Ranking the Sweet 16 coaches in the men’s NCAA Tournament

This year’s Sweet 16 features one of the strongest and most interesting groups of coaches ever in the second weekend of the NCAA Tournament. Among them, seven have been to the Final Four at least once. On the other end of the spectrum, three are in their first season as a head coach.

By historic accomplishments, obviously Mike Krzyzewski towers over the field with five national titles, 12 Final Fours and 26 trips to the Sweet 16. But which coach would you want on the sideline this year in a win-or-go-home scenario with everything on the line?

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Here’s how I’d rank them.

1. Jay Wright, Villanova

Strange, but true: There was a time when Wright was considered a bit of a March Madness underachiever. After breaking through for his first Final Four in 2009, Villanova went six straight years without reaching the Sweet 16, including three second-round losses as a No. 1 or No. 2 seed. But two national titles later, Villanova has arguably been the nation’s most clutch program, playing with the same cool confidence Wright exudes on the sideline. Tournament games often come down to which team can execute easy offense late, and Villanova routinely gets good shots because of their patience and clarity in what they want.

Villanova coach Jay Wright has led the Wildcats to two national championships.

Villanova coach Jay Wright has led the Wildcats to two national championships.

2. Kelvin Sampson, Houston

Getting the Cougars to the second weekend this year may be the most impressive coaching job of Sampson’s career, given that they lost Tramon Mark and Marcus Sasser to injuries before conference play even began. Between them, they were averaging 27 points per game, and Houston hasn’t really replaced that scoring punch. Nevertheless, the Cougars kept winning because they are excellent defensively, relentless on the glass and totally comfortable playing the kind of ugly games that you often see in the tournament. This is very much a team that reflects the toughness Sampson demands in his program.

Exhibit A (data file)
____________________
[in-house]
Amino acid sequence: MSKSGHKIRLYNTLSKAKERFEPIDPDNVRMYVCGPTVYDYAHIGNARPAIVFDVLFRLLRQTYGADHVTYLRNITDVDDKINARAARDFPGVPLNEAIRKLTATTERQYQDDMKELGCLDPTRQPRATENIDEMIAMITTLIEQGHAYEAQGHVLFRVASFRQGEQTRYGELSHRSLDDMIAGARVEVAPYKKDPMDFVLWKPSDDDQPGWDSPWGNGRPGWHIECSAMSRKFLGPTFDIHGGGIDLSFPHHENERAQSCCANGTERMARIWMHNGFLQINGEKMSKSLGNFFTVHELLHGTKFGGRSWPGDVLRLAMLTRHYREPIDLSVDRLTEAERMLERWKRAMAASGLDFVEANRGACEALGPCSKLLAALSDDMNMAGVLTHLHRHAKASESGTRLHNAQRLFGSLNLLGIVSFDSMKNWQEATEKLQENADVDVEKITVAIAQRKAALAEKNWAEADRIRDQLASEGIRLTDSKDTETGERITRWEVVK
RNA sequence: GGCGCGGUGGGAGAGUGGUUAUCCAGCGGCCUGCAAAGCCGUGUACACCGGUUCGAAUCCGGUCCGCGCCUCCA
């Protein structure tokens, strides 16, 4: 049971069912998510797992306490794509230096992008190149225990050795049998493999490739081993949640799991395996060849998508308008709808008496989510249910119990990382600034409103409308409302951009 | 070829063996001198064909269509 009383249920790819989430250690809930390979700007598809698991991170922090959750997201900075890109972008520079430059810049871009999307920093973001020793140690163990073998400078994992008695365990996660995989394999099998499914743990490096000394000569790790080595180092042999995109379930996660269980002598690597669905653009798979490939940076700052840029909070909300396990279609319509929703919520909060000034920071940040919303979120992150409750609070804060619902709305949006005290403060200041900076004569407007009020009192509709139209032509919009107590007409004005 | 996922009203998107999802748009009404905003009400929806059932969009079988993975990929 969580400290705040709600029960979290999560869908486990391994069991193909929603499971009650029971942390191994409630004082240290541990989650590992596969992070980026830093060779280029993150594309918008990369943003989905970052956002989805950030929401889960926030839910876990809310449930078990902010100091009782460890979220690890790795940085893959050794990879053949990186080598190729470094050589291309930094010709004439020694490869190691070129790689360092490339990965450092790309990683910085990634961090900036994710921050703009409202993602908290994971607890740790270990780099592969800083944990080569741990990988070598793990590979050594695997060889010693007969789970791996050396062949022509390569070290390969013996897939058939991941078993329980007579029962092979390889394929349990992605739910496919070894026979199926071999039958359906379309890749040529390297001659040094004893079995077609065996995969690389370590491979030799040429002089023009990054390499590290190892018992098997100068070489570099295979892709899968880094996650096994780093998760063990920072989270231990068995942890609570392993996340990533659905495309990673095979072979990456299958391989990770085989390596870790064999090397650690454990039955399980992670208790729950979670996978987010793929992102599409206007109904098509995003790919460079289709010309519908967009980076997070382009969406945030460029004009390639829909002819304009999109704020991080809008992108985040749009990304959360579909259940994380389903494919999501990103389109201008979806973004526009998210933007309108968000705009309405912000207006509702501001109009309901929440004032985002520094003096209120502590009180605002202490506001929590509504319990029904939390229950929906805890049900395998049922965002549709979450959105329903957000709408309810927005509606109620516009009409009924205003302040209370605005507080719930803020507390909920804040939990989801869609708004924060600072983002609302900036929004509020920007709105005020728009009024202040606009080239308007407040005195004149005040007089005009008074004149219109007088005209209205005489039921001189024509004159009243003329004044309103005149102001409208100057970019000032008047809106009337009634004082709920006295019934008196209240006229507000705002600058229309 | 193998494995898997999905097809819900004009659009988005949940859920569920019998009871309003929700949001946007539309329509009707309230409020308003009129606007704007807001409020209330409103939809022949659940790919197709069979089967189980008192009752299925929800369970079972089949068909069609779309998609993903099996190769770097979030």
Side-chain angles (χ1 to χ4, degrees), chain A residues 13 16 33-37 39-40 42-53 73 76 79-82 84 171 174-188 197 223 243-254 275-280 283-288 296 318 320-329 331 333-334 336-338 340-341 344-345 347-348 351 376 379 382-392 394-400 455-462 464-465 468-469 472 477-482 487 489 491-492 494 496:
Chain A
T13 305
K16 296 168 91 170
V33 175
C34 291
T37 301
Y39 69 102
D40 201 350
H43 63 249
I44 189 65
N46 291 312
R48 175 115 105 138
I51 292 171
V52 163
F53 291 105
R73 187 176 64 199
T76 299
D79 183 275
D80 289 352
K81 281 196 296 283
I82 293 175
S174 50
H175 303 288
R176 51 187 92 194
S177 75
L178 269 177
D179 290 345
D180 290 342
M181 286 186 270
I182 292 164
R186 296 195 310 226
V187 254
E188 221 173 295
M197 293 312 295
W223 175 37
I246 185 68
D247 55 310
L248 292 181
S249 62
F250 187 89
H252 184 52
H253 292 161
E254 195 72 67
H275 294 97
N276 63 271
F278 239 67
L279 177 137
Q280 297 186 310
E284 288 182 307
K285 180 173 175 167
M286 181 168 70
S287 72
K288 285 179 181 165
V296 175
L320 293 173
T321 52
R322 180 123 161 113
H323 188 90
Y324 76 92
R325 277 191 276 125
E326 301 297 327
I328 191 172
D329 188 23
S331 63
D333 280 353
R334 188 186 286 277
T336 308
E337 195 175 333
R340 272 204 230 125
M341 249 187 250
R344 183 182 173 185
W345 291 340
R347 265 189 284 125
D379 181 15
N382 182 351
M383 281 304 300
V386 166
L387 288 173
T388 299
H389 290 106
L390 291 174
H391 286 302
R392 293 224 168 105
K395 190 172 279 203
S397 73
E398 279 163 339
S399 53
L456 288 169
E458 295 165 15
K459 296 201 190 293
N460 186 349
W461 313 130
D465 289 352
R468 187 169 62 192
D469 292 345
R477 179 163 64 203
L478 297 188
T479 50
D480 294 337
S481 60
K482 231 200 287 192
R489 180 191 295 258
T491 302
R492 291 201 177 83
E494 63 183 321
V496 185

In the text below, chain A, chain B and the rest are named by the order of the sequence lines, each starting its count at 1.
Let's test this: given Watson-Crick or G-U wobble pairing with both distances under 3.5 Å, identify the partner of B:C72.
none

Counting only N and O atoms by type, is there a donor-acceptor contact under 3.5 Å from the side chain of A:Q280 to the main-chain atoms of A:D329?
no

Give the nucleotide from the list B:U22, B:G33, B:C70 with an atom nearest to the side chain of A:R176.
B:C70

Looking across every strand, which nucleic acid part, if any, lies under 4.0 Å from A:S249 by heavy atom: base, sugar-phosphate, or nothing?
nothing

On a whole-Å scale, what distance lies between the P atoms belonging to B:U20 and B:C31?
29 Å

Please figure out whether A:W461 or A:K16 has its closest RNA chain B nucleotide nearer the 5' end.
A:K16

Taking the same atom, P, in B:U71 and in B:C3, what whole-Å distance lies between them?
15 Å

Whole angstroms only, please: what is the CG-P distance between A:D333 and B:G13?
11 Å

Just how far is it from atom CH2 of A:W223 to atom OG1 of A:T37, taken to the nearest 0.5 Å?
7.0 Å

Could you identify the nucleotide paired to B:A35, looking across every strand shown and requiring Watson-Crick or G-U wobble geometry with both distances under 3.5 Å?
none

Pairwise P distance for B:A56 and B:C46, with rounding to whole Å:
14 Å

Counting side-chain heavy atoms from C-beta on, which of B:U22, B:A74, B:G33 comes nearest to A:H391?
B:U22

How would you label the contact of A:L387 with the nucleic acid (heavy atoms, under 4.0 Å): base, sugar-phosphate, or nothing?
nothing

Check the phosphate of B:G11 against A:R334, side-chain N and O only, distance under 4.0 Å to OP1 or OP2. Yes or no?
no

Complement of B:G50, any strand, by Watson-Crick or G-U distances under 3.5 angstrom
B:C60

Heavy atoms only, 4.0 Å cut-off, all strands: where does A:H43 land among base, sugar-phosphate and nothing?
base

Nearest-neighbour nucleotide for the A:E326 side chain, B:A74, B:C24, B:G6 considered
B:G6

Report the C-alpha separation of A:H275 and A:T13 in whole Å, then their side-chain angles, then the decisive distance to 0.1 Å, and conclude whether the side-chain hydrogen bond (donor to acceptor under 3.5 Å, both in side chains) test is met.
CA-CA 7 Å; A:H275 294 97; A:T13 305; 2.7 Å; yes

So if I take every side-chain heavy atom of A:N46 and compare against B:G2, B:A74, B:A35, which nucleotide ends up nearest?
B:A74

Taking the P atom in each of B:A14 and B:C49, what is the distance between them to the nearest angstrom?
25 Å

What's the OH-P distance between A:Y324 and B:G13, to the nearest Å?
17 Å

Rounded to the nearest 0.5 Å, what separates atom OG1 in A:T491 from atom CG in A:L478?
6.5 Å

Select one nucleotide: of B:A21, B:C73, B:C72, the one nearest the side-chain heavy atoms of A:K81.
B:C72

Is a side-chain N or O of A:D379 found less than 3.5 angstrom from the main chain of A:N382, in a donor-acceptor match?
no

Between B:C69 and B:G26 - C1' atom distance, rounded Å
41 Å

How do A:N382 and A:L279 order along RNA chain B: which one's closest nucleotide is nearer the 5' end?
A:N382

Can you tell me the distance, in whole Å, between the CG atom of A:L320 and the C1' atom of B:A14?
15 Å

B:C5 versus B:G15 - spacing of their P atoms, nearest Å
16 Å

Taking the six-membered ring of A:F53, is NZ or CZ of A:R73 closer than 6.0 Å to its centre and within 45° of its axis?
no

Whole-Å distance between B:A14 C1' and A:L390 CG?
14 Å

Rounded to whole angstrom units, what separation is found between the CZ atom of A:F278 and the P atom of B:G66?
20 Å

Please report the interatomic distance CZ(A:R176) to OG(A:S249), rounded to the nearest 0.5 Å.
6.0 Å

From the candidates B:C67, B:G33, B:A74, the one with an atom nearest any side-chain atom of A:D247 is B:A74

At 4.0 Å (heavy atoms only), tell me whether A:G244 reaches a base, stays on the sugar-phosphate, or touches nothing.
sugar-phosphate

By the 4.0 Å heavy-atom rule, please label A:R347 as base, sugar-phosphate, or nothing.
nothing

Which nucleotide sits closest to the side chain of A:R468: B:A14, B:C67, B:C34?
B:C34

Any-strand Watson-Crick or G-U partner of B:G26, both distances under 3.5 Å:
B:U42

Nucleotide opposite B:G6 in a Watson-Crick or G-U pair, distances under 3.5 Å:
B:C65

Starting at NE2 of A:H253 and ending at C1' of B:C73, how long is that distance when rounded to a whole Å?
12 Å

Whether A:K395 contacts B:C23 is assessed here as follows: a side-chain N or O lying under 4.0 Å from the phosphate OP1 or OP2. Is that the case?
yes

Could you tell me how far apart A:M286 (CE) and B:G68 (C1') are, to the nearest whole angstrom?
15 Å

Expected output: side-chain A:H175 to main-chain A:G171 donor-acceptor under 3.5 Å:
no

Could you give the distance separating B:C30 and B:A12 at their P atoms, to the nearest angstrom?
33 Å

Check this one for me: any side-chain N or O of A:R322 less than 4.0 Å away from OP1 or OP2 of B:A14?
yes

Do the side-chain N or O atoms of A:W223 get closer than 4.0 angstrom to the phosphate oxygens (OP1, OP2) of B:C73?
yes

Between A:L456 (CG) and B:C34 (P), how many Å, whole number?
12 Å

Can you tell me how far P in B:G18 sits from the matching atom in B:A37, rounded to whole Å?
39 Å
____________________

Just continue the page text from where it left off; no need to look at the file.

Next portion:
3. Mark Few, Gonzaga

Though there are still some stubborn people out there who won’t let go of the “can’t win the big one” narrative, the reality is that Few has won a lot of big ones. You don’t get to two national title games or seven consecutive Sweet 16s without a lot of great tournament wins. And even when Gonzaga loses, you can’t really call them choke jobs. Their last six tournament losses were to Duke (eventual national champion), Syracuse, North Carolina (national champion), Florida State, Texas Tech (runner-up) and Baylor (national champion). A handful of teams might be able to out-athlete Gonzaga, but you never walk away thinking Few was outcoached.

4. Eric Musselman, Arkansas

Some folks get rubbed the wrong way by Musselman’s shirtless celebrations and other colorful antics, but there aren’t many coaches out there who can match him X for O. He runs great stuff out of timeouts, emphasizes getting to the foul line (Arkansas leads the nation with 808 free-throw attempts), having good floor balance and running at a high tempo without turning it over much. Musselman’s depth of experience in the NBA, where he was a head coach for 246 games, has translated very well to the college level, where he’s made the second weekend three times in just seven years as a head coach, including once at Nevada.

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5. Bill Self, Kansas